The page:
Tuesday

1st Dec 2020

EU Parliament bids tearful farewell to British MEPs

  • British Labour MEP Richard Corbett was first elected to the parliament in 1996 (Photo: European Parliament)

MEPs bid farewell to their British colleagues in an emotional day at the European Parliament on Wednesday (29 January), as lawmakers voted to adopt the Brexit divorce deal, two days before the UK leaves the bloc.

The withdrawal agreement passed with 621 votes, with 49 against and 13 abstentions in the final act of the ratification process three and a half years after the Brexit referendum.

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After the vote, MEPs stood up and sang "Auld Lang Syne" a traditional British farewell song, with some joining hands, others holding up a EU-UK football scarf with "Always United" written on it.

In a debate filled with many tears - and some smears - British MEPs pledged to come back while pro-Brexit MEPs promised never to return.

The British MEPs "brought charm, wit, intelligence, sometimes also stubbornness in this house," the parliament's Brexit point man, MEP Guy Verhofstadt said before the vote. "In the name of all of us I can only say, we will miss you", he added.

He hailed Britain's central role in Europe saying the British "twice liberated us, gave its blood to liberate Europe".

Brexit party MEP Nigel Farage, who has campaigned for two decades to take the UK out of the EU, said that the day marks an end to a "47 year political experiment that the British have never been very happy with".

"Once we've left we are never coming back and the rest frankly is detail. We're going, we will be gone," he said waving a British flag along with his over two dozen Brexit party MEPs.

In a dramatic scene, Irish MEP and parliament vice-president Mairead McGuinness chairing the debate warned Farage that waving a flag goes against EU rules.

"Sit down, put your flags away, you're leaving, and take them with you," she said.

A few far-right and eurosceptic MEPs supported Farage and his party, but mostly the day was about emotional farewells, goodbye hugs and genuinely moving gestures.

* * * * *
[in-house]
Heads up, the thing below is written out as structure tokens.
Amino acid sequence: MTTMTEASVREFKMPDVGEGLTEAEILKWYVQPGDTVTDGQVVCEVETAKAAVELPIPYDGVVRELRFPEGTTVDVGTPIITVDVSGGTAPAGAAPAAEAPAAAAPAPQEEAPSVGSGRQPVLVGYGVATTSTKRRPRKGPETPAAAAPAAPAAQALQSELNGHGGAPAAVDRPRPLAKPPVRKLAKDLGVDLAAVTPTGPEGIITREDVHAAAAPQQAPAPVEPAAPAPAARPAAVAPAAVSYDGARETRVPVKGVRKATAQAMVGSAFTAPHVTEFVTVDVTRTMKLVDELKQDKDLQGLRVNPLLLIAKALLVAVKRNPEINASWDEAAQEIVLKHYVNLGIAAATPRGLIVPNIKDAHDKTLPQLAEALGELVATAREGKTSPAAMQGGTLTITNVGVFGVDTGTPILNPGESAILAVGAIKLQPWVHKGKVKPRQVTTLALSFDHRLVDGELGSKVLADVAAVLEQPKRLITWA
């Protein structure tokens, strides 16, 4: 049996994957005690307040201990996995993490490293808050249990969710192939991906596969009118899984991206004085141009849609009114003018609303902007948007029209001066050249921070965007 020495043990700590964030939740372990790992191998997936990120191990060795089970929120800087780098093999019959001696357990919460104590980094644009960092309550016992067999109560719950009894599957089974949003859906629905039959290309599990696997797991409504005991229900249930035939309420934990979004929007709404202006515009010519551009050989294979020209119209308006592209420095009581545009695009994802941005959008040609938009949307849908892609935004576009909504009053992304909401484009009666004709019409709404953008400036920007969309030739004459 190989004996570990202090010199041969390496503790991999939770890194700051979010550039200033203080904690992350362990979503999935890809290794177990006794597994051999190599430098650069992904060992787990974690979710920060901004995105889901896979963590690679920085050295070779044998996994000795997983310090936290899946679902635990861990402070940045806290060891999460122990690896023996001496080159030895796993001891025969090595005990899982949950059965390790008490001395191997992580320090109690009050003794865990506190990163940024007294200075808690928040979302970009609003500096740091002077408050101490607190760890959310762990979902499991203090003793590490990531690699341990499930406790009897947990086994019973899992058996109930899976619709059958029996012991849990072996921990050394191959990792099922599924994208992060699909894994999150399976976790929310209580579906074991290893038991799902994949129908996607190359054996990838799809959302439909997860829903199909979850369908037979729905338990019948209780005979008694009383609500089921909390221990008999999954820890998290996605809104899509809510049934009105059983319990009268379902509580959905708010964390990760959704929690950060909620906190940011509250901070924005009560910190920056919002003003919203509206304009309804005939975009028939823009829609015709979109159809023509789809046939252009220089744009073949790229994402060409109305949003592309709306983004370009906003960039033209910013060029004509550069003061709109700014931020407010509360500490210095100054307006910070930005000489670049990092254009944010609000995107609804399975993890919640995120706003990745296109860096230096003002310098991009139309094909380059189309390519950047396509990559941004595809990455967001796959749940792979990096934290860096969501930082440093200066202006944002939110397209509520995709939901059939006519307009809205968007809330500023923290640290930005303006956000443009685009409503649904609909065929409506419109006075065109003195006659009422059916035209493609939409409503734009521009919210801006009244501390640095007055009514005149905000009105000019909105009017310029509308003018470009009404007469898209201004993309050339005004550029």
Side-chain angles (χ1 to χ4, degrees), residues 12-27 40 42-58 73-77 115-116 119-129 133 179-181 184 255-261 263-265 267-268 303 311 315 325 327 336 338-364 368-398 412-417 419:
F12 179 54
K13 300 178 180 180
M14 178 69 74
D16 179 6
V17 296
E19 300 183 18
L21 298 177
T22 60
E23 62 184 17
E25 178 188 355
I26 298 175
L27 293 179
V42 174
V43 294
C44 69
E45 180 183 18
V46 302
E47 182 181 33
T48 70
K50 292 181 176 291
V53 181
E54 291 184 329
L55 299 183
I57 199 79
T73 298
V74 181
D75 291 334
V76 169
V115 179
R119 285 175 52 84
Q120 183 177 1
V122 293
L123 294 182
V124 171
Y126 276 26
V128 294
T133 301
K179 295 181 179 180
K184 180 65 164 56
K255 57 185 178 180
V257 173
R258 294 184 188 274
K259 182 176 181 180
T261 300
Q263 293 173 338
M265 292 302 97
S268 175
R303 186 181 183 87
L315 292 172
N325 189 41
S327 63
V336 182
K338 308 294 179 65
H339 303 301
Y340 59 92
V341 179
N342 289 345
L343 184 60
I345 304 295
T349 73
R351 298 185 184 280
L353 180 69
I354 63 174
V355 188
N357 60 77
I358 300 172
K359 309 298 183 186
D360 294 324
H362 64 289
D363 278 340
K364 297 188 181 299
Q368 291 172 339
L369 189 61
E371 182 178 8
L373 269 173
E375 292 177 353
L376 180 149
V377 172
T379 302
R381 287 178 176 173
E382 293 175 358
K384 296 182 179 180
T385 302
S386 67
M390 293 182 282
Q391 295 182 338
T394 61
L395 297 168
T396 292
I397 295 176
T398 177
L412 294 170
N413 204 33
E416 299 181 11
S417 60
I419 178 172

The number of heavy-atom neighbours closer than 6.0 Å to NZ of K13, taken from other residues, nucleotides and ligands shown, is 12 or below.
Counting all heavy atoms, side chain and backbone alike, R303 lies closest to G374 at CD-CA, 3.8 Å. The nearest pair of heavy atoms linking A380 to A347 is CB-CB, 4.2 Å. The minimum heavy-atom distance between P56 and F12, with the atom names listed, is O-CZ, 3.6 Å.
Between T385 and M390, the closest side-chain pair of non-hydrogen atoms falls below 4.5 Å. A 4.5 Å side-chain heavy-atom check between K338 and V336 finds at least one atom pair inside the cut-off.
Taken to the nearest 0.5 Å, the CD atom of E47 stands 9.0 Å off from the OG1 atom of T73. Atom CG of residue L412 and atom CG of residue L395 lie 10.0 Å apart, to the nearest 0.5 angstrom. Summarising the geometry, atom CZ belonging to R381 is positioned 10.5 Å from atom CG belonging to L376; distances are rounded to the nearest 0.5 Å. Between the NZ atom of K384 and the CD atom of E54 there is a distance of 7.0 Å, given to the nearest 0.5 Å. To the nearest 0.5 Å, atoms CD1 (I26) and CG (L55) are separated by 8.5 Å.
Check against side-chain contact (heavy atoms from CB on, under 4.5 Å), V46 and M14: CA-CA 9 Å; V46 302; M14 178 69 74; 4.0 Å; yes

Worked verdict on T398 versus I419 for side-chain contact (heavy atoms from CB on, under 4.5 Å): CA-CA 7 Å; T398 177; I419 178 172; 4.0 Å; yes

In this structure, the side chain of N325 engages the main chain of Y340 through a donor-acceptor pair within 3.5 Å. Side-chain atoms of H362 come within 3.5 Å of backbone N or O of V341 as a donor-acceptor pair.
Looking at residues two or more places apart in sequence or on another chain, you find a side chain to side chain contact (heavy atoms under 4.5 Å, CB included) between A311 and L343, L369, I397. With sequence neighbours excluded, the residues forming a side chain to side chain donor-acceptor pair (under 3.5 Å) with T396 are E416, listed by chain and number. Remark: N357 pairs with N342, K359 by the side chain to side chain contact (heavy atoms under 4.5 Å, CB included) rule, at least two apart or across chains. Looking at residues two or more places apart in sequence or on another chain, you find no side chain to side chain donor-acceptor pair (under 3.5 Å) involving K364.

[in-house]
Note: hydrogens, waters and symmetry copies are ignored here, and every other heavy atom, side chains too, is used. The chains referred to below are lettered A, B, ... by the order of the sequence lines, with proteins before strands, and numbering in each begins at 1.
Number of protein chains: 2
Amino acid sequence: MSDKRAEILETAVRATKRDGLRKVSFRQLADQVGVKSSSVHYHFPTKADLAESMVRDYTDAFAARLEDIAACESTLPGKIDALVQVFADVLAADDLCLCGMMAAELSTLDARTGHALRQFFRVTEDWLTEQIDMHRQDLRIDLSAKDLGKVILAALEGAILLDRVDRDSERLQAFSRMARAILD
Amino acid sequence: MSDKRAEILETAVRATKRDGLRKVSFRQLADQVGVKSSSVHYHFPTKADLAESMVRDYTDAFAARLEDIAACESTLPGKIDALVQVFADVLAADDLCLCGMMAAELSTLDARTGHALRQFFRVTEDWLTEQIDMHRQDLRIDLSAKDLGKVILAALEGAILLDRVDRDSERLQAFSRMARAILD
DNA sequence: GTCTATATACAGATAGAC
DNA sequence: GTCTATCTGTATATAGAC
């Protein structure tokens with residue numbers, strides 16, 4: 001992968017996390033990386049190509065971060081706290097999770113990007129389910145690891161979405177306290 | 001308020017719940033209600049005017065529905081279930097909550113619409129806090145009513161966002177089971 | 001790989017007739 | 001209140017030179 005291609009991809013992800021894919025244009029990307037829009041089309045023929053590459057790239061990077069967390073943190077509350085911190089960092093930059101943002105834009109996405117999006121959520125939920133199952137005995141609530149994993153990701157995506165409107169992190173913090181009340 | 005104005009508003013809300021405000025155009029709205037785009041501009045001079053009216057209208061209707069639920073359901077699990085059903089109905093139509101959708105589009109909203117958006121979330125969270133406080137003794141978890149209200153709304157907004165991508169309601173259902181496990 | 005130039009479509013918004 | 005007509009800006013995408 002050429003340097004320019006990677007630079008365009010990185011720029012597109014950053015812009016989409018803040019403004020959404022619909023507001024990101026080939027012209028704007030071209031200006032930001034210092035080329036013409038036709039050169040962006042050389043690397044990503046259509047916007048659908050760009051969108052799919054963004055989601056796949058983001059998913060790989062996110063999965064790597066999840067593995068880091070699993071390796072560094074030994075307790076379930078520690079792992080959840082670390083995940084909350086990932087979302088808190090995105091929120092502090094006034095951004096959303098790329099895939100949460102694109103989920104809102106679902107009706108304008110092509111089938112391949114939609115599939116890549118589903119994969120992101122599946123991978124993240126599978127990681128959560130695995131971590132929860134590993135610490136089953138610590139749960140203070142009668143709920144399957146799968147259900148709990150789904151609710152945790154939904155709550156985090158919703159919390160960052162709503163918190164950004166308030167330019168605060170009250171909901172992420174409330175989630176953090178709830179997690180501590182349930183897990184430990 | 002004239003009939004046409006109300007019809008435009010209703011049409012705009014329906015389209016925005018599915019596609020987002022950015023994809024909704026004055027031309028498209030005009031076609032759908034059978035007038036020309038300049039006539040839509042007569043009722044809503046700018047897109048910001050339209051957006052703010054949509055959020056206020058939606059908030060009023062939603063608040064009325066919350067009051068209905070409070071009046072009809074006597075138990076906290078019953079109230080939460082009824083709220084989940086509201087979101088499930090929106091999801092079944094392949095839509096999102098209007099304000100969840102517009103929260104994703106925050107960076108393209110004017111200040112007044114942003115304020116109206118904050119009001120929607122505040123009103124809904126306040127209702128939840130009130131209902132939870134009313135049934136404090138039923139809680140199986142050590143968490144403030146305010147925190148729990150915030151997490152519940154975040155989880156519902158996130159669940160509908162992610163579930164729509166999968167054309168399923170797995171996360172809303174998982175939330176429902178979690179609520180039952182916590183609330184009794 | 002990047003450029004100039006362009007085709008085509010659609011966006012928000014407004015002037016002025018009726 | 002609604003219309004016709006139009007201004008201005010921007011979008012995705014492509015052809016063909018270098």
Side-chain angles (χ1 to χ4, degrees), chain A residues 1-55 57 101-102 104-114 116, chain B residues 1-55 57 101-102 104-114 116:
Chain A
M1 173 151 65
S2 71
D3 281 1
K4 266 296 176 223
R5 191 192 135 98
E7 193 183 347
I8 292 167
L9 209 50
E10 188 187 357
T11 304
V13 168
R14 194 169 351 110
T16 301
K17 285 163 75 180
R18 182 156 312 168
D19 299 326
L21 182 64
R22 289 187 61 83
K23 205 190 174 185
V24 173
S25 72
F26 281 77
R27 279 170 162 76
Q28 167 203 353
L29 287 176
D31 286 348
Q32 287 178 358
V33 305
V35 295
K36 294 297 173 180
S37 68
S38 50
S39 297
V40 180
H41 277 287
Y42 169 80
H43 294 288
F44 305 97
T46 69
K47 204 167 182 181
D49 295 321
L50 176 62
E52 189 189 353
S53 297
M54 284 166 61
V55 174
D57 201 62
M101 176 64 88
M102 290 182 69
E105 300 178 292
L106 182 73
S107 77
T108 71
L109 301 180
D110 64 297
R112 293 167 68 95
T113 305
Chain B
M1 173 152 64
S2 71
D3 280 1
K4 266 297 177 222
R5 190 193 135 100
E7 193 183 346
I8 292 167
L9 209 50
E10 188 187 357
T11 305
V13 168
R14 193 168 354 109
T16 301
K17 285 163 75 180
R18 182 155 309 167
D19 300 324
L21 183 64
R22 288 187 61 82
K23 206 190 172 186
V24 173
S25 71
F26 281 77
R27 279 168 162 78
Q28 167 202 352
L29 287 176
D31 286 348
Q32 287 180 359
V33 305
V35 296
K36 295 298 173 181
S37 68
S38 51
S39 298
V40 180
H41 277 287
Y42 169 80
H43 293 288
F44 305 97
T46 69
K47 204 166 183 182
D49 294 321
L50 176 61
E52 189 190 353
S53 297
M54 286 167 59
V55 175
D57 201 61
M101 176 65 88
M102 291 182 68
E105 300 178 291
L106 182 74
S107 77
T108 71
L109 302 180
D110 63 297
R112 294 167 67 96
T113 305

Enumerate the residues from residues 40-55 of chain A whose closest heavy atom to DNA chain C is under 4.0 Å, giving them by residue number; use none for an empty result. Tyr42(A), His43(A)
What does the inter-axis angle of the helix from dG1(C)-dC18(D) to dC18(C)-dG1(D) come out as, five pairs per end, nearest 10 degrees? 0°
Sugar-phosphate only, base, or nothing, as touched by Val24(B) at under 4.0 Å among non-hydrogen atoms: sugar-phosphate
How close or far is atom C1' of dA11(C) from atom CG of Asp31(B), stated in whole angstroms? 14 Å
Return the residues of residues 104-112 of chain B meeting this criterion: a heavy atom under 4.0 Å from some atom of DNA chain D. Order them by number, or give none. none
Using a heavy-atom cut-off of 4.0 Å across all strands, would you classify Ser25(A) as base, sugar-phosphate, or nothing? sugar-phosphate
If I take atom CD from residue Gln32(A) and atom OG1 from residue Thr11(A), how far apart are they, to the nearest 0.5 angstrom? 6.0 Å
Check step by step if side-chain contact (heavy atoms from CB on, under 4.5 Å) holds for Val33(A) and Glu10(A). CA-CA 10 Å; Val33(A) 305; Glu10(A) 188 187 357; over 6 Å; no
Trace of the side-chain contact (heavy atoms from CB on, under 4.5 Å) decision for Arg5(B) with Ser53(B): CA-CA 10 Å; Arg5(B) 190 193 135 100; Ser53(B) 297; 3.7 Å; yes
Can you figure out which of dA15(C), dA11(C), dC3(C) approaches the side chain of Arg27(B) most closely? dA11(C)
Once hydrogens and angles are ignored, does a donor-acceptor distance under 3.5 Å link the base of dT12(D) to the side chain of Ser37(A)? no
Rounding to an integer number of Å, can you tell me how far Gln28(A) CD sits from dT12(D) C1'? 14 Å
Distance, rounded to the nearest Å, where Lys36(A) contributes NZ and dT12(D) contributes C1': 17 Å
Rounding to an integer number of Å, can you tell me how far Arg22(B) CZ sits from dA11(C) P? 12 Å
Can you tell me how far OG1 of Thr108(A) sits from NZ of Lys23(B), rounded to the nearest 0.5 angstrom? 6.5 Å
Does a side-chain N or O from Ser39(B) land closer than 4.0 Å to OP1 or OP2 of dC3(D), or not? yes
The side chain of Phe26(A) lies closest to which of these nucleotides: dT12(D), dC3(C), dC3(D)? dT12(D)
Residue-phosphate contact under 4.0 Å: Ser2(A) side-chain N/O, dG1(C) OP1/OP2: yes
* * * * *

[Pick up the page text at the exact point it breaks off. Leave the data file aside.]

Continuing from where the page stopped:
"Now is not the time to campaign to rejoin, but we must keep the dream alive, especially for young people, who are overwhelmingly pro-European," Green MEP Molly Scott Cato told her fellow MEPs in her farewell speech.

"I hold in my heart the knowledge that I will be back at this chamber, celebrating our return to the heart of Europe," she said before breaking down in tears.

Labour MEP Richard Corbett said it is a heartbreaking and heartwarming day seeing the solidarity of his colleagues, emphasising that the parliament could not have expanded its power over the preveious decades without the work of the UK MEPs.

"I feel very sad, this is a day I never wanted to see although it has always been on the cards," MEP Seb Dance, one of the 72 MEPs departing, told EUobserver.

He said he will miss the colleagues from all over the world, who had been inspired by the EU and the "masses of things" he could learn from his colleagues.

"I have been living in denial ever since the referendum," commission vice-president Frans Timmermans confessed earlier on Wednesday, at the Socialists & Democrats group's farewell event for Labour MEPs.

He said he hoped that by some miracle Brexit wouldn't happen, and that "the country that invented common sense, will come to common sense".